Off Hook Mountain we crossed Glen Cove, who moves all manner of products for people . . . so –by stretch — Glen Cove fits into this post as well.
Commander is a tour boat working out of Haverstraw; here she follows us northward from the Bear Mountain Bridge. To me , this is the most beautiful stretch of the Hudson. The link at the start of this paragraph reveals Commander‘s rich and storied past dating back to World War 1.
A day after we passed her at Chelsea Piers, Grande Caribe leapfrogs past us between West Point and Cold Spring.
Penn No. 4 herds people in solo vessels (SVs?) like a border collie moving sheep or goats or cows.
River Rose is a classy sternwheeler out of Newburgh with
All fotos by Will Van Dorp.
Part 1 of this series looked like this. Now more.
Of course Brandywine ranges far and wide, and these days, maybe so does Inland Sea heading south here from the Ben Franklin Bridge.
All fotos last week by Will Van Dorp.
To see an excellent Flickr foto of Gazela by Gregg M, click here. And for an account plus video of Gazela‘s trip to New Bedford earlier this summer, click here. For my earlier pics of Gazela in Atlantic Basin Red Hook, click here.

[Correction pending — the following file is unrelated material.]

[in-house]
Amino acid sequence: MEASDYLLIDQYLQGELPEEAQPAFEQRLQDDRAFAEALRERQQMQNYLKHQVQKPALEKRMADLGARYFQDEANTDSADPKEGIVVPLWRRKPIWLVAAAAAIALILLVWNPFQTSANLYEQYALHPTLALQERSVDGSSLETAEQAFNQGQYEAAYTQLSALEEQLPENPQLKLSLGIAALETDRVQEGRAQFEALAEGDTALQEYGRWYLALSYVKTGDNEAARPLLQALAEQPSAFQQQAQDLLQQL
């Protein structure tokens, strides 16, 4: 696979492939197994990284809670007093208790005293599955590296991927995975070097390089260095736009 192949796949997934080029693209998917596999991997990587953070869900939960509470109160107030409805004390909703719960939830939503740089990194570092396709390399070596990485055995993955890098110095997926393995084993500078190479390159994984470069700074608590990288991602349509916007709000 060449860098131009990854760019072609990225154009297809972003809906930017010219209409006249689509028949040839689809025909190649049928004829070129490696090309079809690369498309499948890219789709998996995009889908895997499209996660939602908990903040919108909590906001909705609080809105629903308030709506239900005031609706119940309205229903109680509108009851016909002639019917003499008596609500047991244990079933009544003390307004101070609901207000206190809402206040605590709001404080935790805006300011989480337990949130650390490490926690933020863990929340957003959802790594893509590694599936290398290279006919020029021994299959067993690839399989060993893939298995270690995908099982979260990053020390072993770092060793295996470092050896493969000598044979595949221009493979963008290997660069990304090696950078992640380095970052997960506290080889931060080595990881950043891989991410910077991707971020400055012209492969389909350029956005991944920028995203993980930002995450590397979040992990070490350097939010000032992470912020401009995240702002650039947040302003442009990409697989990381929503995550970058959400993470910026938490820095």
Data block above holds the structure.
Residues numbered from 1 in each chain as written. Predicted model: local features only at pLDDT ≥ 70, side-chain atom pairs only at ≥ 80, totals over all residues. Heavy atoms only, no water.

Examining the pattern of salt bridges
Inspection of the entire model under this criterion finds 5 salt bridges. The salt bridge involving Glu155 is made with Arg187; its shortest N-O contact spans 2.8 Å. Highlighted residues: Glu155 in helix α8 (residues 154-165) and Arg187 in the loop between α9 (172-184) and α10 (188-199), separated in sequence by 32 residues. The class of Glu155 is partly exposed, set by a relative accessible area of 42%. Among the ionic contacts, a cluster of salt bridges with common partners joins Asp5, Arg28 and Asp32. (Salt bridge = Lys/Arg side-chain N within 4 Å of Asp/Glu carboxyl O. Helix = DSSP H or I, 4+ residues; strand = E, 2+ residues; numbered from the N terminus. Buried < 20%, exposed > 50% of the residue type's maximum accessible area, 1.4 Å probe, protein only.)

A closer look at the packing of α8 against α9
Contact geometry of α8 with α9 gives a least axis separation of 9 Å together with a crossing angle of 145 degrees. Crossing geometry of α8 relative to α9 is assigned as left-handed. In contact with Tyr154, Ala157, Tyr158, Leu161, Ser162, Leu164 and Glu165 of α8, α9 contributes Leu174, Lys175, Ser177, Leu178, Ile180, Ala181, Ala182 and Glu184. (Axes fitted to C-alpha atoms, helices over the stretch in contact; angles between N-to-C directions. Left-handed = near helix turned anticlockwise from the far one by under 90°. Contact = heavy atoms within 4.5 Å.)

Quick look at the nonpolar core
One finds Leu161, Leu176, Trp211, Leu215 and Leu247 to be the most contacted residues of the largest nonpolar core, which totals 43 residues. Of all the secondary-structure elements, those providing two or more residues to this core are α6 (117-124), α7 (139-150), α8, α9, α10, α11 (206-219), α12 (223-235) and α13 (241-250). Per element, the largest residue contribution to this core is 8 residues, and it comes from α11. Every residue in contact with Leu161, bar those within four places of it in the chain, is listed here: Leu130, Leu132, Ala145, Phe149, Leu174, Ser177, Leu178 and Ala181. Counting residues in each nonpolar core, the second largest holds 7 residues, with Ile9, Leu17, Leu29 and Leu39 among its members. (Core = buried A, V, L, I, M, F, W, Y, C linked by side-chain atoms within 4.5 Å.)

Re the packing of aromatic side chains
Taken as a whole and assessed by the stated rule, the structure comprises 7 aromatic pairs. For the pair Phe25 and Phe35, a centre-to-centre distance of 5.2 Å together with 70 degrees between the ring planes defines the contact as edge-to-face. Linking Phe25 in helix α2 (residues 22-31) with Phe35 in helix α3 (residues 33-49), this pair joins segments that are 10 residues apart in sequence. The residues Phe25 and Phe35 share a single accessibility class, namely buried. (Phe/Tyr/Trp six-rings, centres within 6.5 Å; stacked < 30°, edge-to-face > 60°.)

As Gazela sailed back to Philly between daybreak last Wednesday and late afternoon Thursday, I was fortunate to be a very “green” member of the crew, my first time sailing on a barquentine. Other vessels passed and overtook us, and I’m including those fotos here in hopes that anyone aboard these other vessels who photographed us might be willing to share those shots of Gazela. Please do.
Gazela departs through the Narrows under a drizzle; precipitation had been off and on for three days, delaying departure by 48 hours. (For pics, doubleclick enlarges.)
Tanker British Serenity overtakes us outside the Narrows. By sunset, 10 hours later, we’d motorsailed off Atlantic City, surfing swells and getting soaked with on & off drizzle.
Skies clear overnight, giving us a just-past-full moon. I stand a midnight–6 am watch from Cape May and up Delaware Bay. This is sunrise.
After breakfast, I nap for an hour until a lurch awakens me. “Must be someone’s wake,” I imagine, grab my camera, and go on deck. I believe it was Amberjack, also headed up the Bay.
For info on what Bold is doing in Delaware Bay and its schedule for the rest of 2010, click here.